Shoppers in Europe are finding 94% of European e-commerce websites’ checkout pages inadequate, which forces shoppers to abandon their purchases. To enhance the checkout experience, the right solutions must be put to use.
Although e-commerce in Europe is booming, shoppers are experiencing issues with a majority of popular e-commerce websites. As much as 94% of e-commerce websites in Europe have flawed checkout pages, compared to last years’ 58%. Issues like the limited number of popular payment methods offered and lengthy checkout processes force European shoppers to abandon their carts. To enhance the cross-border online shopping experience, suitable local payment options should be one of the priorities.
Issues that cause high shopping cart abandonment are linked with shoppers’ experience during checkout. 21% of shoppers in Europe abandon their purchase if the checkout takes longer than one minute, while 15% leave their online shopping cart when their preferred payment method isn’t available.
These numbers could grow even higher, as the newly formed habits of shopping online have become a part of a daily routine for many European consumers, including the Baltics. 50% of Lithuanians and 74% of Latvians have started shopping online more frequently in 2021. The share of bank card payments made online in Estonia was up to 14%, compared to only 3% five years ago, showing the growing popularity of online shopping in the country. Frank Breuss, CEO, and co-founder of Nikulipe, a Fintech company creating and connecting Local Payment Methods to access Emerging and Fast-Growing Markets, notes that the right local payment methods could solve the issues appearing in the majority of e-commerce checkout pages.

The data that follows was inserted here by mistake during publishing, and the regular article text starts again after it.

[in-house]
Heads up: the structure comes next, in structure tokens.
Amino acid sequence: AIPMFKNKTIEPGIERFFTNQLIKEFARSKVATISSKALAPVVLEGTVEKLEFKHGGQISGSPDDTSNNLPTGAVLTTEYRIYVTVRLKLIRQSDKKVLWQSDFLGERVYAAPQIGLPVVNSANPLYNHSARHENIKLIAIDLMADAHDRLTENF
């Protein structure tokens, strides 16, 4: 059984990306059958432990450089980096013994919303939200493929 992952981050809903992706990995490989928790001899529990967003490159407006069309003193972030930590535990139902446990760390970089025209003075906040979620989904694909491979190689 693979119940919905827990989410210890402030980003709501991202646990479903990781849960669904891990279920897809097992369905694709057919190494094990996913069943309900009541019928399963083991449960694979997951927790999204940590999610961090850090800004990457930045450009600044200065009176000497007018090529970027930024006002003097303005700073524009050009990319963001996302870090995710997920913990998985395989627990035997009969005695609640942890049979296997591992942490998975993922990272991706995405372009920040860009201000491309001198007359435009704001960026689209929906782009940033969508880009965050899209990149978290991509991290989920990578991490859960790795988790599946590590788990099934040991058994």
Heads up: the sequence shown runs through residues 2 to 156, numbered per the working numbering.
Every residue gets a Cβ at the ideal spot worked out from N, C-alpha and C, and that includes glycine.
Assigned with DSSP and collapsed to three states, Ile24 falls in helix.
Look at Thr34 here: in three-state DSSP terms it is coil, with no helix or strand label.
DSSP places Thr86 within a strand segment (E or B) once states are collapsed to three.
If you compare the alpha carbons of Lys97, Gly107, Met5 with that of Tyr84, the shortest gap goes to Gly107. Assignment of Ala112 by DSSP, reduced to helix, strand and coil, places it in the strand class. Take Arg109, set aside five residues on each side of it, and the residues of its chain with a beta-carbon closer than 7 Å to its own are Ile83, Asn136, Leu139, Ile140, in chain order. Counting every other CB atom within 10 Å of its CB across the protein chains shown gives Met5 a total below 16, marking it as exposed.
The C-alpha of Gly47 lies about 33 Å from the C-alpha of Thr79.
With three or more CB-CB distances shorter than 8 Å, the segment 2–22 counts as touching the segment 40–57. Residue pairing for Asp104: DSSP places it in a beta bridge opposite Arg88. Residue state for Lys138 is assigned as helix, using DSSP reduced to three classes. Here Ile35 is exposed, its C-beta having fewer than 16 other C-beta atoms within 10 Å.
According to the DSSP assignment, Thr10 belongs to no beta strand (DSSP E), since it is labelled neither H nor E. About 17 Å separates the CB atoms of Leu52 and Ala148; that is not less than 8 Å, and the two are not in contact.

“It all comes down to the right mix of payment methods the merchants offer their target group,” explains Breuss, who recently introduced a local payment option for the Baltics, banklinq. “The preferences in Lithuania, Latvia, or Estonia, for example, are very different from those in Poland or Germany. The same goes for the target customer base: a very young customer base might have a preference for a certain selection of payment methods, which is different from what a very broad customer base prefers.”
Breuss notes, however, that while it’s important to offer a selection of the right payment methods, at the same time it is key to offer not too many of them. Confronting a buyer with a large number of options and payment brands to choose from increases the likelihood of purchase abandonment.
Additionally, existing solutions for combating these issues do not always tend to encompass both, the consumer experience at the online checkout, and simplicity and efficiency for the merchants themselves.
“Consumers shouldn’t be forced to think, but have made their shopping experience as easy as possible. That’s why one-product-type solutions, capturing a large number of shoppers’ favorite banks under one button, help to better optimize e-commerce for shoppers and merchants alike. For example, when creating ‘banklinq’ we wanted to integrate a larger number of payment options, so we included challenger banks, which are growing in popularity.”
As more and more shoppers include online shopping in their daily routines, the issues appearing in the majority of popular e-commerce websites’ checkouts lessen customer experiences while shopping. While the issues of lack of suitable payment options and long checkout processes are persistent, they can be solved with suitable payment solutions, which encompass favorite payment options of target markets and customer base.